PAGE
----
Haw-Sin-Sauce

Dieser Artikel wurde zuletzt am 22. Juni 2014 aktualisiert

During a long walk at the Baltic Sea coast, I was greeted with hawthorn shrubs galore. Hawthorn is one of the common wild plants in Northern Germany, in some areas cultivated as bushes along fields and meadows to serve as a windbreaker. The red berries are edible, and can be used for jams and sauces.

I knew I had a recipe for a haw-sin sauce from a River Cottage episode stored away somewhere, and dug out my smartphone to google „Fearnley-Whittingstall +haw-sin sauce“. Luckily, I found a list of the ingredients, so I knew how much to forage. Usually we have a small linen bag or something like that in our backpacks. Harvesting the berries was easy because they were abundant.

(The lovely illustration of a hawthorn plant on the left is in the public domain and part of the WikimediaCommons).

I’ve worked with hawthorn before in jams and jellies. Still, I was a bit sceptical – Hoisin sauce is made predominantly from soy beans; how would a berry-based hoisin turn out?

Haw-sin-Sauce

This is the recipe from River Cottage Autumn.

Haw-Sin-Sauce

500 g haw berries
250 ml organic cider vinegar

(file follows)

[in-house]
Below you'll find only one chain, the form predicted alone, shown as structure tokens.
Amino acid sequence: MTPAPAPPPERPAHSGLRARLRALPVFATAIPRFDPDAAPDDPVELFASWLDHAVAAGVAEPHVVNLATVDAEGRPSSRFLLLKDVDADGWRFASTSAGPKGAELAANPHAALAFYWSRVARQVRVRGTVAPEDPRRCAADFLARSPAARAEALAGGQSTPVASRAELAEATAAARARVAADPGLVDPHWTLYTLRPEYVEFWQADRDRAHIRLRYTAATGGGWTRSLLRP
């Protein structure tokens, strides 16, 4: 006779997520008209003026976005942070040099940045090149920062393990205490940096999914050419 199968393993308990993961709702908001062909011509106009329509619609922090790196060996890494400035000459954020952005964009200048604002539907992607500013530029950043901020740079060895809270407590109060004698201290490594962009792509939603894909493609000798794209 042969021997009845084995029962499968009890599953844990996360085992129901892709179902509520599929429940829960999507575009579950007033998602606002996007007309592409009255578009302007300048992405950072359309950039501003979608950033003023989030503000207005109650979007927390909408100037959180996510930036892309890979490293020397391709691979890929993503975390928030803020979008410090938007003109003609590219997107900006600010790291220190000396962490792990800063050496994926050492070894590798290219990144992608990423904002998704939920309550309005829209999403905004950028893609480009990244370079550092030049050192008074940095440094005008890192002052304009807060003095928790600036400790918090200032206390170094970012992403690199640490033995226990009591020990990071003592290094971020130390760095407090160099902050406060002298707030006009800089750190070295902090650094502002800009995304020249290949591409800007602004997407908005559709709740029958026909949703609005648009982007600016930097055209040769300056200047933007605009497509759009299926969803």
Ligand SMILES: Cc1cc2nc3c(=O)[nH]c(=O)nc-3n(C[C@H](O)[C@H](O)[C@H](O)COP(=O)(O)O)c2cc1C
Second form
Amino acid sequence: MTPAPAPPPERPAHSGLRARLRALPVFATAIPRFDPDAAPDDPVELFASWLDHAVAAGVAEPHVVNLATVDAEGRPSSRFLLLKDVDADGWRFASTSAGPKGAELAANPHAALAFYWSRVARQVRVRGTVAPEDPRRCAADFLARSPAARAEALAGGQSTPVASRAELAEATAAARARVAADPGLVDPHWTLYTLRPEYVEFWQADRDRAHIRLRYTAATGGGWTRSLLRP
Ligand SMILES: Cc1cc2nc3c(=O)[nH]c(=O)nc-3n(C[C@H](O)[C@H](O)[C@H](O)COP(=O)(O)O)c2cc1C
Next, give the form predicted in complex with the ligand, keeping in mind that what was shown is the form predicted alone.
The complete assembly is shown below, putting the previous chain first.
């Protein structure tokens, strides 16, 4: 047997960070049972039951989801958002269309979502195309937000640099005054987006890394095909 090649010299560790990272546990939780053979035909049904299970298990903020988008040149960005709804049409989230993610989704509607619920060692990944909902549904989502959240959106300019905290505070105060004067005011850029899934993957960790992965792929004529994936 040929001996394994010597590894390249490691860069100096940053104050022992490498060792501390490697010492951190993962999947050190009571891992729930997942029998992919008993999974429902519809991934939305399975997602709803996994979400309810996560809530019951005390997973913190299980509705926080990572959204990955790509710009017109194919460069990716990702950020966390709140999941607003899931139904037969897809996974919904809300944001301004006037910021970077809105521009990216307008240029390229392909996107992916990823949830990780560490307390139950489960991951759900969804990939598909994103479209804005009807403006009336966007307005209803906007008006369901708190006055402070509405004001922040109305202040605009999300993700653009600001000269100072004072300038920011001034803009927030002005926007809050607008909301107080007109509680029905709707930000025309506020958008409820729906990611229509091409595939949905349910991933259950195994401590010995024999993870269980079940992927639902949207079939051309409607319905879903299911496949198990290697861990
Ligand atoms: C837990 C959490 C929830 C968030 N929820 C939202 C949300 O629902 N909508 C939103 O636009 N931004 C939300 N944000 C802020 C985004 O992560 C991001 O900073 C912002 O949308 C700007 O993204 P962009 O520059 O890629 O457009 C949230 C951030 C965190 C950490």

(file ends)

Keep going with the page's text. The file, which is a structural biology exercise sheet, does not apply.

250 ml water
250 g unrefined caster sugar
salt
freshly ground black pepper

1. Clean and de-stalk the haw berries then rinse in cold water.

2. Place in large pan with the vinegar and water and bring to boil. Simmer for approximately 30-45 minutes until the skins start to split.

3. Remove from the heat and rub the mixture through a sieve, leaving largish stones and the skins behind.

4. Return the mixture to a clean pan, add the sugar and heat gently, stirring frequently, until the sugar dissolves.

5. Bring to the boil and cook for a further 5 -10 minutes, until the sauce reduces and becomes slightly syrupy.

6. Season with salt and pepper to taste then pour into warm, sterilised bottles.

To this, I have added 1/2 star anise and 7 allspice berries with the fruit, vinegar and water – a good idea. A pinch of granulated garlic in the final seasoning process would probably do some good as well.

The finished product does indeed have the consistency of Chinese hoisin sauce, but tastes a lot more like wild berries (of course). It needs to rest a day before developing its full flavor. After tasting it, I think this would make a pretty good (and interesting) substitute for hoisin, and will probably work well with game dishes and as a dipp with crisp roast duck, as suggested in another blog.

Print Friendly, PDF & Email

Appetit bekommen? - Hungry for more?

1 Antwort

  1. Shon T Yde sagt:

    It’s Autumn in New Zealand so I’m off to pick hawthorn berries to make Haw-sin sauce,It sounds delicious.Thanks a million.

Kommentar verfassen